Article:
Posted on Friday 24 January 2020 by Ulster Business

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Northern Ireland’s manufacturing sector has had something of mixed bag of a year, with Brexit woes continuing and stalwarts facing uncertain futures. Stephen Kelly, chief executive of Manufacturing NI, assess the business landscape for 2020 and what’s needed to ensure economic prosperity

While writing, the first of this winter’s storms came crashing on to our shores. A dark imposing sky, savage winds and a bleak outlook for the days ahead. It’s hard to not believe it’s not a metaphor for what lies ahead in 2020.
 
There are many reasons to believe that we’re entering into choppy waters. The world economy is showing signs of distress, Brexit continues to create a significant drag, input costs are spiralling and output figures dropping faster than the air pressure.
 
When navigating your way through a storm, you need talented, committed captains to lead to take the right actions. Any luckily, despite the significant headwinds it remains in the hands of our local manufacturing leaders who can move us to not only to safety but to success.

But 2020 won’t see Brexit ‘done’. In many ways, we are only just at the start despite what politicians have been saying. Brexit will present a fundamental change in the trading relationships which our firms have enjoyed for the past 40 years, a destructive ‘no deal’ (either planned or inadvertently delivered) is possible and our firms will continue to need to prepare.
 
Brexit remains all about the politics and less about the practicalities. It’s highly probable there will be significant barriers placed on those businesses who make, move and merchandise products across this and between these islands.
 
So, our manufacturers need to be ready to flex and be nimble enough to respond to whatever destination is reached come the end of 2020. This includes, in one scenario, finally fulfilling the promise and opportunity presented by the all-island economy.
 
Whatever the new Conservative Government decides, then there is an absolute need to provide for more time to prepare. As a minimum, Parliament has a responsibility to legislate to give effect to our promised “unfettered access” for the critical GB market. The UK won’t be ready, so December 31, 2020 should not be another cliff edge.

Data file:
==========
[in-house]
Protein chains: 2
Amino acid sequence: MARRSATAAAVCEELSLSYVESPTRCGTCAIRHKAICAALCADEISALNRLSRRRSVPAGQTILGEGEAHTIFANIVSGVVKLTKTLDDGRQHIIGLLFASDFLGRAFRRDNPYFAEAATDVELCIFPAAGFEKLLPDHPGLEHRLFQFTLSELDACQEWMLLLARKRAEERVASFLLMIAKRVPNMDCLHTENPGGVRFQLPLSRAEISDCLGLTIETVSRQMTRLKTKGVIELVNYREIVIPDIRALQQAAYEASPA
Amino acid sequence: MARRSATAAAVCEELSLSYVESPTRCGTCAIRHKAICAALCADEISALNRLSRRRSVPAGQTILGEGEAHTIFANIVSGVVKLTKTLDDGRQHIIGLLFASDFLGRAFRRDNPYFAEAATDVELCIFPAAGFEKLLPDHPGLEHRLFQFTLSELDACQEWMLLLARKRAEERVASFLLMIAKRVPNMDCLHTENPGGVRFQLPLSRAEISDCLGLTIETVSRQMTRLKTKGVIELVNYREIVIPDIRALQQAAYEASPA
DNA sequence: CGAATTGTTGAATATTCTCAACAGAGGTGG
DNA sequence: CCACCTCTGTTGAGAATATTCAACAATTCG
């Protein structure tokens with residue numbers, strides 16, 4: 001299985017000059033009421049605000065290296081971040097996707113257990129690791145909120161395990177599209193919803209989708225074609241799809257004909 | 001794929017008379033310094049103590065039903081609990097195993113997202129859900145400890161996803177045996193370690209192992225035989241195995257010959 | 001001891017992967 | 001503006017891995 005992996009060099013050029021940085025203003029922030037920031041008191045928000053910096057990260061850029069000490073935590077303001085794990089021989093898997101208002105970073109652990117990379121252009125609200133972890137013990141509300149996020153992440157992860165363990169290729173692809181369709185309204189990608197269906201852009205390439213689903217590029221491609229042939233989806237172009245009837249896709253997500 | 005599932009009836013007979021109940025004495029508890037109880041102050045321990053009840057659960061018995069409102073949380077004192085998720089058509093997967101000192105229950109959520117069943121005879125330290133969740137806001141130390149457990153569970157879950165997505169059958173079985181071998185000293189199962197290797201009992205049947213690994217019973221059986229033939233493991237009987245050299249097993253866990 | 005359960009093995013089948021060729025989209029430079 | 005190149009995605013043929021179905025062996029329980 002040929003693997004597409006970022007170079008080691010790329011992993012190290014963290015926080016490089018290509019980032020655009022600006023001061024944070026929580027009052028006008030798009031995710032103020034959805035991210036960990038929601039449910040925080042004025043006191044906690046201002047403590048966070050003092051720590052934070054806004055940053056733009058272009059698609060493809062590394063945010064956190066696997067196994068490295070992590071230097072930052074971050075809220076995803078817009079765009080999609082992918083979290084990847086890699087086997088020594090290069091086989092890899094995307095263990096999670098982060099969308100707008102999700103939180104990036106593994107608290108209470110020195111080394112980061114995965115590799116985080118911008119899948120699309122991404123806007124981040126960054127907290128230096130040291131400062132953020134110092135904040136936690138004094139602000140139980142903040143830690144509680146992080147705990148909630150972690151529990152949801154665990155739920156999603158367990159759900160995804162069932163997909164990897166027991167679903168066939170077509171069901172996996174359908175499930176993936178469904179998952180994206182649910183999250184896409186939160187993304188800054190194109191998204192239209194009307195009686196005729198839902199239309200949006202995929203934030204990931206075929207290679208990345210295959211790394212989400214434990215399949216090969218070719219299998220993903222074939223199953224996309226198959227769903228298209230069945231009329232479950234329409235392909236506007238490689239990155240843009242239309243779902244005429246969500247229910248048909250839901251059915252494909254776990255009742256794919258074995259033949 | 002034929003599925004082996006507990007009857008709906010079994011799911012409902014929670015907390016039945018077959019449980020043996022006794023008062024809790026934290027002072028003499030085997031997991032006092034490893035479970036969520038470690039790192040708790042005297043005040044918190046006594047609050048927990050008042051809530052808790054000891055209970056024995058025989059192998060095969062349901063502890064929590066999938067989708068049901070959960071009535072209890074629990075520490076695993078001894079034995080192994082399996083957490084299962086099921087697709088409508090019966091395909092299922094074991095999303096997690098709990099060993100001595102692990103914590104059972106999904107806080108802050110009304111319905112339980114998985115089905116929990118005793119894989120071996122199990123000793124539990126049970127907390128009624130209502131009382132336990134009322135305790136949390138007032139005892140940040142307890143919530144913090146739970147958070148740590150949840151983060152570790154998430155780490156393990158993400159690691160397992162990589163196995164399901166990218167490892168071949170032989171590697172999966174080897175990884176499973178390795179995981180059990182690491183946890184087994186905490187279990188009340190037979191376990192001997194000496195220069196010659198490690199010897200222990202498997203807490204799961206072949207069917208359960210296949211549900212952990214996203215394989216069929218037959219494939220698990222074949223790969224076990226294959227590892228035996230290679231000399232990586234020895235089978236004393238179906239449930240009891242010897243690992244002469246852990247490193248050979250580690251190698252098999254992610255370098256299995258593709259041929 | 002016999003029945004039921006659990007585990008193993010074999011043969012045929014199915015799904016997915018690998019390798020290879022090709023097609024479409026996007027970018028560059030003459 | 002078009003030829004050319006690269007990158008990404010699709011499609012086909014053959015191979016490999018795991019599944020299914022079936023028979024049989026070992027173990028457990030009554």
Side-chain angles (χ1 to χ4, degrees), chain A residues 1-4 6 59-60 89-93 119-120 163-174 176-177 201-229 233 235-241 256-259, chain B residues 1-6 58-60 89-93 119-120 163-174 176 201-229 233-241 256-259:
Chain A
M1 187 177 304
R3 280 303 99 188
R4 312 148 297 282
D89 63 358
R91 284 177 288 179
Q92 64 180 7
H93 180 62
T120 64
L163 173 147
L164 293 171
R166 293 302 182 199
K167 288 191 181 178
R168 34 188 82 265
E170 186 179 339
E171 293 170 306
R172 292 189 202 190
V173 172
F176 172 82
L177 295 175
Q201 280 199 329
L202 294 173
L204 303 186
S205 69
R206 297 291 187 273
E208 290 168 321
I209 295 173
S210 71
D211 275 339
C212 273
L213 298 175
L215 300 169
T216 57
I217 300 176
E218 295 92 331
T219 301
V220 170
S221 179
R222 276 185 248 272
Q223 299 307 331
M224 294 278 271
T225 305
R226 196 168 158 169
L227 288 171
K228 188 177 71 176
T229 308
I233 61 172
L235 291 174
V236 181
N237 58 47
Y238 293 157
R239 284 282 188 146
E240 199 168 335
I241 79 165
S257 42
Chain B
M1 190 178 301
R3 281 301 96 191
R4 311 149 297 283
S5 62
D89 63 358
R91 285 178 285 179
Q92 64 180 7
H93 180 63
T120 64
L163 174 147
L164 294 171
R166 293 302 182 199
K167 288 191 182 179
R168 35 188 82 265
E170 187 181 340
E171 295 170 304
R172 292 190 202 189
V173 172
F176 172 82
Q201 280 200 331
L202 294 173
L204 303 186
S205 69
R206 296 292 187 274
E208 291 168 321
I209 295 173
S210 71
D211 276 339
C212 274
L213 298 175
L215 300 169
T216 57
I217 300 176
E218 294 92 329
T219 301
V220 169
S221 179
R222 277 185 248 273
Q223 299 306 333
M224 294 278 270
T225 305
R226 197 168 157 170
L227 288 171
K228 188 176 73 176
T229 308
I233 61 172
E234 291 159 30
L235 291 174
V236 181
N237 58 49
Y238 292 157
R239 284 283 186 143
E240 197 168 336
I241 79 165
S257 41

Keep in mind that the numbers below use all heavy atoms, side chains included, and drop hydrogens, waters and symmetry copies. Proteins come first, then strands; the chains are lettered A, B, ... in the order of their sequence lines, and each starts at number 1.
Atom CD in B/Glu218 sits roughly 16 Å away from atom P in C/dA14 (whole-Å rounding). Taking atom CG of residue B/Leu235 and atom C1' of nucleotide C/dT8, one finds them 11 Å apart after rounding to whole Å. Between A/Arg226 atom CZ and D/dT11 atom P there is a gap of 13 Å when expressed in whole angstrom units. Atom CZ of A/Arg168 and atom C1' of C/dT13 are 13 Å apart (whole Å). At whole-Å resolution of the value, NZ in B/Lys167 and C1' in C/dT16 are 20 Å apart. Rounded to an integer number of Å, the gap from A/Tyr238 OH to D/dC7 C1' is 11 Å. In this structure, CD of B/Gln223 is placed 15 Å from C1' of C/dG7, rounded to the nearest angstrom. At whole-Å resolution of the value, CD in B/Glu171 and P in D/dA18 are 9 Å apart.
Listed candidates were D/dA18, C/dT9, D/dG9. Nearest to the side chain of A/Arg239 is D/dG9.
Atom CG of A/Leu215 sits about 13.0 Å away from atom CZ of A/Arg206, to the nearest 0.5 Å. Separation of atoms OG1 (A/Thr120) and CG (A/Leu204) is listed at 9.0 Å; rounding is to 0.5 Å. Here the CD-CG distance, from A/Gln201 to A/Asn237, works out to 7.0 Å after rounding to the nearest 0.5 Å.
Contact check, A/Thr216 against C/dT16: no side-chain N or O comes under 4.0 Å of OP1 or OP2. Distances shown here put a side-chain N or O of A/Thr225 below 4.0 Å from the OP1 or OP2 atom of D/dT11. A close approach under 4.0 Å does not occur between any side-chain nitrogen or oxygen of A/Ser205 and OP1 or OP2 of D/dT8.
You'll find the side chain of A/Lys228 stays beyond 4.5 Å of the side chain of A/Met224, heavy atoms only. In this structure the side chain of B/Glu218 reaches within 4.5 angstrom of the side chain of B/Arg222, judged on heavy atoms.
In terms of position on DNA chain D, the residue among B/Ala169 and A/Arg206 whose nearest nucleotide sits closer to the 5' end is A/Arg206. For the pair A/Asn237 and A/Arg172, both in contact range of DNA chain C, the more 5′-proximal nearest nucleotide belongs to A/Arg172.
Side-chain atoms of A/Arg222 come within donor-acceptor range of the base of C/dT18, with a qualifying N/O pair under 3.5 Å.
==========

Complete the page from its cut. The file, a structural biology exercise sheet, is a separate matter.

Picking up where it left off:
If ever there was a time when we needed our local politicians making decisions for the local economy, it is now.  We need their help to navigate the year ahead. Our civil service has done an incredible job keeping the place moving in the worst of circumstances but they’re at the end of their area of authority. We need our Executive back, making decision and creating opportunities to protect jobs.
 
Whilst our local governance has been in cold storage, the world has moved on. We need a contemporary and ambitions economic policy (alongside colleagues in Hospitality Ulster and Retail NI, we have presented some ideas in our Trade NI plan launched in September and in our General Election manifesto), scrutiny and action on energy to address spiralling costs, skills investment and a roadmap which helps direct the investments which the new leadership of Invest NI and other agencies will deliver to protect and grow firms.

More important that anything Government at home or in the UK can do, it is the actions and leadership in our local firms which will more profoundly define where they and we all end up next year.
 
The expectations of those entering the world of work are changing. Wages and job security are becoming less important with welfare, flexibility and the contribution which individuals and businesses can make in the world are becoming they key motivating factors. Many businesses are reacting to this and whilst it is perhaps more difficult for a production environment, there are many local manufacturers who have created environments where people can meet their career and societal ambitions.
 
Increasingly our economy needs people who can solve problems, manage people, negotiate and co-ordinate with others whilst bringing creativity, critical thinking and a commitment to provide the best possible service.
 
This is leading to a greater investment in leadership capability throughout their businesses. This drives productivity and prosperity for the business and for the individuals involved.
 
Regardless of the environment and trading relationships political leadership in Belfast, London or indeed Brussels or Washington leave us with, it will be leaders in not only boardrooms but factory floors who will continue the remarkable rebirth of local manufacturing. Recognising and being responsible for their contribution to the world, creating more work and wealth and building strong local economies and communities.

It will be those leaders who will ensure a safe and successful passage through 2020.

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